### All GRE Math Resources

## Example Questions

### Example Question #21 : Algebra

What digit appears in the units place when is multiplied out?

**Possible Answers:**

**Correct answer:**

This problem is quite simple if you recall that the units place of powers of 2 follows a simple 4-step sequence.

Observe the first few powers of 2:

2^{1 }= 2, 2^{2 }= 4, 2^{3 }= 8, 2^{4 }= 16, 2^{5 }= 32, 2^{6 }= 64, 2^{7 }= 128, 2^{8 }= 256 . . .

The units place follows a sequence of 2, 4, 8, 6, 2, 4, 8, 6, etc. Thus, divide 102 by 4. This gives a remainder of 2.

The second number in the sequence is 4, so the answer is 4.

### Example Question #21 : Algebra

Which of the following is a multiple of ?

**Possible Answers:**

**Correct answer:**

For exponent problems like this, the easiest thing to do is to break down all the numbers that you have into their prime factors. Begin with the number given to you:

Now, in order for you to have a number that is a multiple of this, you will need to have at least in the prime factorization of the given number. For each of the answer choices, you have:

; This is the answer.

### Example Question #1 : How To Find Patterns In Exponents

Simplify the following:

**Possible Answers:**

**Correct answer:**

Because the numbers involved in your fraction are so large, you are going to need to do some careful manipulating to get your answer. (A basic calculator will not work for something like this.) These sorts of questions almost always work well when you isolate the large factors and notice patterns involved. Let's first focus on the numerator. Go ahead and break apart the into its prime factors:

Note that these have a common factor of . Therefore, you can rewrite the numerator as:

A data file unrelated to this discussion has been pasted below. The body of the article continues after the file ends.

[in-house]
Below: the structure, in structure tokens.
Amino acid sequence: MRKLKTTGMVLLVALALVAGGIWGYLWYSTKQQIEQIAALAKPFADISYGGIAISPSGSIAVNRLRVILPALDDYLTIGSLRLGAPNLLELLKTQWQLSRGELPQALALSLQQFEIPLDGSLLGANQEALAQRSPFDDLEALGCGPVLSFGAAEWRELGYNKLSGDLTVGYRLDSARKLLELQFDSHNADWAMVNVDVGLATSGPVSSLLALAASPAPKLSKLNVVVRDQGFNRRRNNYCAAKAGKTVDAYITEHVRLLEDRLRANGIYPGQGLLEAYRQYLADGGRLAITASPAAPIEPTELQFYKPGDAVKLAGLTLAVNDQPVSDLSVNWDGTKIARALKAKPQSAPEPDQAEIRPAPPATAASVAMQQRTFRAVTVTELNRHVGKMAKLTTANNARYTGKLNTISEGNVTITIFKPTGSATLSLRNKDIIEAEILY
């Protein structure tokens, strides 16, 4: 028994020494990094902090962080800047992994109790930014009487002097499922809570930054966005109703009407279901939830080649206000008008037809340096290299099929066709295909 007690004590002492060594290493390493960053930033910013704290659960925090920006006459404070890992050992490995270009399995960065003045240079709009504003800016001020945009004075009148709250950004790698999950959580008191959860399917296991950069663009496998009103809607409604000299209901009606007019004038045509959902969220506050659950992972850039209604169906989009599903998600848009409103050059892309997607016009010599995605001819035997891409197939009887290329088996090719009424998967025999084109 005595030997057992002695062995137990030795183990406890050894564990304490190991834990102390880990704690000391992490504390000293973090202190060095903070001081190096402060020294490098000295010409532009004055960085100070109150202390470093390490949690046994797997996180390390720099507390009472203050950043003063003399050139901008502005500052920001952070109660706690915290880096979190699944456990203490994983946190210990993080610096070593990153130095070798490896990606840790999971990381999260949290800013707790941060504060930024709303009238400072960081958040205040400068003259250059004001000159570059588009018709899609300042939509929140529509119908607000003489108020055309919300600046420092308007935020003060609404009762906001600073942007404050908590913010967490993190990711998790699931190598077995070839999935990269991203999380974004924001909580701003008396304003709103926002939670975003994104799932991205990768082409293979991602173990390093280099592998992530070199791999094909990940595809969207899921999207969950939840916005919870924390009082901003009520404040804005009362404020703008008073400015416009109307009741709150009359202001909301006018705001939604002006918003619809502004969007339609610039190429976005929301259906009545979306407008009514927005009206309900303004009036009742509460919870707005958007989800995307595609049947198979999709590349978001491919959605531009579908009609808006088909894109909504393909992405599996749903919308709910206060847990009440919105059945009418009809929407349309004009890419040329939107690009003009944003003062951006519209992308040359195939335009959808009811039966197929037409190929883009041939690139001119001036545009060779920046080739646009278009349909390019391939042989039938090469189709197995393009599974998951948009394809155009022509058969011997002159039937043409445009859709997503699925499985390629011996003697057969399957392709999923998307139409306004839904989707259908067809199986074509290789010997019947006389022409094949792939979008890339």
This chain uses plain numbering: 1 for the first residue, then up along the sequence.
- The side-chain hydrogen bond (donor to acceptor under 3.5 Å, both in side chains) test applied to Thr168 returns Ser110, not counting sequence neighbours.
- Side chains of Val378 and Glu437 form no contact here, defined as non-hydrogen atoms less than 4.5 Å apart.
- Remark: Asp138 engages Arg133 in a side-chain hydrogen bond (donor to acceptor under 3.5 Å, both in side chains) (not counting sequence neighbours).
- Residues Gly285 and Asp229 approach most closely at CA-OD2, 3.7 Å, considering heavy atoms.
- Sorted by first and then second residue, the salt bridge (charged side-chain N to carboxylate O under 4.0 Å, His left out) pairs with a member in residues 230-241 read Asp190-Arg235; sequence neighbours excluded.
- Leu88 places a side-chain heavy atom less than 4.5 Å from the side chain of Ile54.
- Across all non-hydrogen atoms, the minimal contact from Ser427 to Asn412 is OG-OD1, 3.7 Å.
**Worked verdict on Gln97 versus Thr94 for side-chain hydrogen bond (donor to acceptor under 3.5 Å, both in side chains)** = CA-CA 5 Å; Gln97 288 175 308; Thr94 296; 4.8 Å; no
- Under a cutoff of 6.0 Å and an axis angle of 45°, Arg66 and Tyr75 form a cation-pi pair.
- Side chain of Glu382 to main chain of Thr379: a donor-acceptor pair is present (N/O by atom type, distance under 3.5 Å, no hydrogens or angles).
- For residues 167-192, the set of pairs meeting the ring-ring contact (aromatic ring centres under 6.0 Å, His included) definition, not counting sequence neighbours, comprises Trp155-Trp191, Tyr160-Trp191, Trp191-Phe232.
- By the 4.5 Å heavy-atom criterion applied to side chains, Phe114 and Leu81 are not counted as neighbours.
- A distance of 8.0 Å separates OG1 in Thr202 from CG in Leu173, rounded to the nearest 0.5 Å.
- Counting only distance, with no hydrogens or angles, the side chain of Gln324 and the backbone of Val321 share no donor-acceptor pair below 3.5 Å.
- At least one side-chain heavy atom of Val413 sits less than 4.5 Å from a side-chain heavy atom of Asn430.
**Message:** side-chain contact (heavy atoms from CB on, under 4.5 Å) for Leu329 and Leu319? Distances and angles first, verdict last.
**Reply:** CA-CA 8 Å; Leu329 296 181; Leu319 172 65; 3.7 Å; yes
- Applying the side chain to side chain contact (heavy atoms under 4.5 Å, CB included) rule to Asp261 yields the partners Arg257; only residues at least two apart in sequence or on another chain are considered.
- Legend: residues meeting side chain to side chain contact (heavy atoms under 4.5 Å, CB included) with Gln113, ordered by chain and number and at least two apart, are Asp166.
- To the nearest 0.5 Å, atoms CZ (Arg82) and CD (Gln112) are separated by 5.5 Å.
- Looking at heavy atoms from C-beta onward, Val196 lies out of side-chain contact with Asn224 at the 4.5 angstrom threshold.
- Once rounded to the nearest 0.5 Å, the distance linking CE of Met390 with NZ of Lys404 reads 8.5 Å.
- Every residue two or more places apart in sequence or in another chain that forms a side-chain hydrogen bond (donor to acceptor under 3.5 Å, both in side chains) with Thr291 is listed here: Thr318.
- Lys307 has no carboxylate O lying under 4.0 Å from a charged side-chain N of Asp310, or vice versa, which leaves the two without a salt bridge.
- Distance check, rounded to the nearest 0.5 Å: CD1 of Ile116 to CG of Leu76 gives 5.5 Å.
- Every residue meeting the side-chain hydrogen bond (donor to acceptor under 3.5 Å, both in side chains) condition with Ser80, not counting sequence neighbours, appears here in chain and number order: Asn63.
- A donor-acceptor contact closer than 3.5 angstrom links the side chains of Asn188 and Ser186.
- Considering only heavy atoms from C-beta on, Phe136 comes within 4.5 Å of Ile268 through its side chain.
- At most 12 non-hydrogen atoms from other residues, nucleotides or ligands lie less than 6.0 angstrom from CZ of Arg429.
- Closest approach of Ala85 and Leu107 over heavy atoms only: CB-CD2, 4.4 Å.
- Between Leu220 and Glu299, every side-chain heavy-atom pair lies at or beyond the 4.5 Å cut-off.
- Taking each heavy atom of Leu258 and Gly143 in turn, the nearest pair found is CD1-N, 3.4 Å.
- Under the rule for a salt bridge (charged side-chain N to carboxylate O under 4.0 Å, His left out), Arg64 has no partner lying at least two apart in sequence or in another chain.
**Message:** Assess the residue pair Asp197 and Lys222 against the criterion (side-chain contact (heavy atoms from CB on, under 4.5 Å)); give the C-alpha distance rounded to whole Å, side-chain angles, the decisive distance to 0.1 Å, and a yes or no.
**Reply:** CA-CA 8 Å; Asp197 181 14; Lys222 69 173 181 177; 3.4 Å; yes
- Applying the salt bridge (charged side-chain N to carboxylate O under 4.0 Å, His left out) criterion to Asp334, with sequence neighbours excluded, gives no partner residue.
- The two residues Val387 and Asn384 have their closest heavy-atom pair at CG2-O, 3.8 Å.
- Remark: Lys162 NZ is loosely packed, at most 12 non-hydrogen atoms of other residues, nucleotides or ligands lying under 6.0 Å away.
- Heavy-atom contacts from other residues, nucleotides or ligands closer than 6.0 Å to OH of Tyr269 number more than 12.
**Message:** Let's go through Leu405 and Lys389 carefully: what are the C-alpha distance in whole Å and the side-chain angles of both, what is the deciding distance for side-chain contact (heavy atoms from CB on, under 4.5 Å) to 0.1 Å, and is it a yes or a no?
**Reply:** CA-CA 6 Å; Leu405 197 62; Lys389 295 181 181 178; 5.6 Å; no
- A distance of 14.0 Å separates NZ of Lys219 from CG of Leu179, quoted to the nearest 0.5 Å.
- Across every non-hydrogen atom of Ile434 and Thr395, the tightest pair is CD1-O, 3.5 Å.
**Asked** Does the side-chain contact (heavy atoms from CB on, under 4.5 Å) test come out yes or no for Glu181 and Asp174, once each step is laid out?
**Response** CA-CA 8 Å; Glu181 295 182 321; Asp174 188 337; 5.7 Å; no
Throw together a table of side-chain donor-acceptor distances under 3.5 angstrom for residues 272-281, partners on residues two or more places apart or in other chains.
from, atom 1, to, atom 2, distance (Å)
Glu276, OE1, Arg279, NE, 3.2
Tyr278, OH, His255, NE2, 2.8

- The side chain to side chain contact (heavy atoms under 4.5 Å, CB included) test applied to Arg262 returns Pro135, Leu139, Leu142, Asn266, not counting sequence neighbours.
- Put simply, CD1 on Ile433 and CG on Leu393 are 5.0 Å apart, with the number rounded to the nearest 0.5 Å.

Now, put this back into your fraction:

### Example Question #21 : Gre Quantitative Reasoning

Quantitative Comparison

Quantity A:

Quantity B:

**Possible Answers:**

The relationship cannot be determined from the information given.

Quantity A is greater.

Quantity B is greater.

The two quantities are equal.

**Correct answer:**

Quantity B is greater.

In Quantity A, we add the exponents because the operation is multiplication, so 4^{5} * 4^{–3 }= 4^{5+(–3)} = 4^{2}. In Quantity B, we subtract the exponents because the operation is division, so 4^{5} / 4^{–}^{3 }= 4^{5–(–3)} = 4^{8}. We don't have to finish multiplying out the exponents to see that Quantity B is greater.

### Example Question #2 : How To Find A Ratio Of Exponents

If and are both rational numbers and , what is ?

**Possible Answers:**

**Correct answer:**

This question is asking you for the ratio of m to n. To figure it out, the easiest way is to figure out when 4 to an exponent equals 8 to an exponent. The easiest way to do that is to list the first few results of 4 to an exponent and 8 to an exponent and check to see if any match up, before resorting to more drastic means of finding a formula.

And, would you look at that. . Therefore, .

### Example Question #1 : Exponents And Rational Numbers

find x

8^{x}=2^{x+6}

**Possible Answers:**

3

2

-1

2 or -1

4

**Correct answer:**

3

8 = 2^{3}

(2^{3})^{x} = 2^{3x}

2^{3x} = 2^{x+6} <- when the bases are the same, you can set the exponents equal to each other and solve for x

3x=x+6

2x=6

x=3

### Example Question #2 : Exponents And Rational Numbers

Compare and .

**Possible Answers:**

The relationship cannot be determined from the information given.

**Correct answer:**

First rewrite the two expressions so that they have the same base, and then compare their exponents.

Combine exponents by multiplying:

This is the same as the first given expression, so the two expressions are equal.

### Example Question #3 : Exponents And Rational Numbers

Solve for .

**Possible Answers:**

**Correct answer:**

can be written as

Since there is a common base of , we can say

or .

### Example Question #21 : Algebra

Solve for .

**Possible Answers:**

**Correct answer:**

The basees don't match.

However:

thus we can rewrite the expression as .

Anything raised to negative power means over the base raised to the postive exponent.

So, . .

### Example Question #5 : Exponents And Rational Numbers

Solve for .

**Possible Answers:**

**Correct answer:**

The bases don't match.

However:

and we recognize that .

Anything raised to negative power means over the base raised to the postive exponent.

.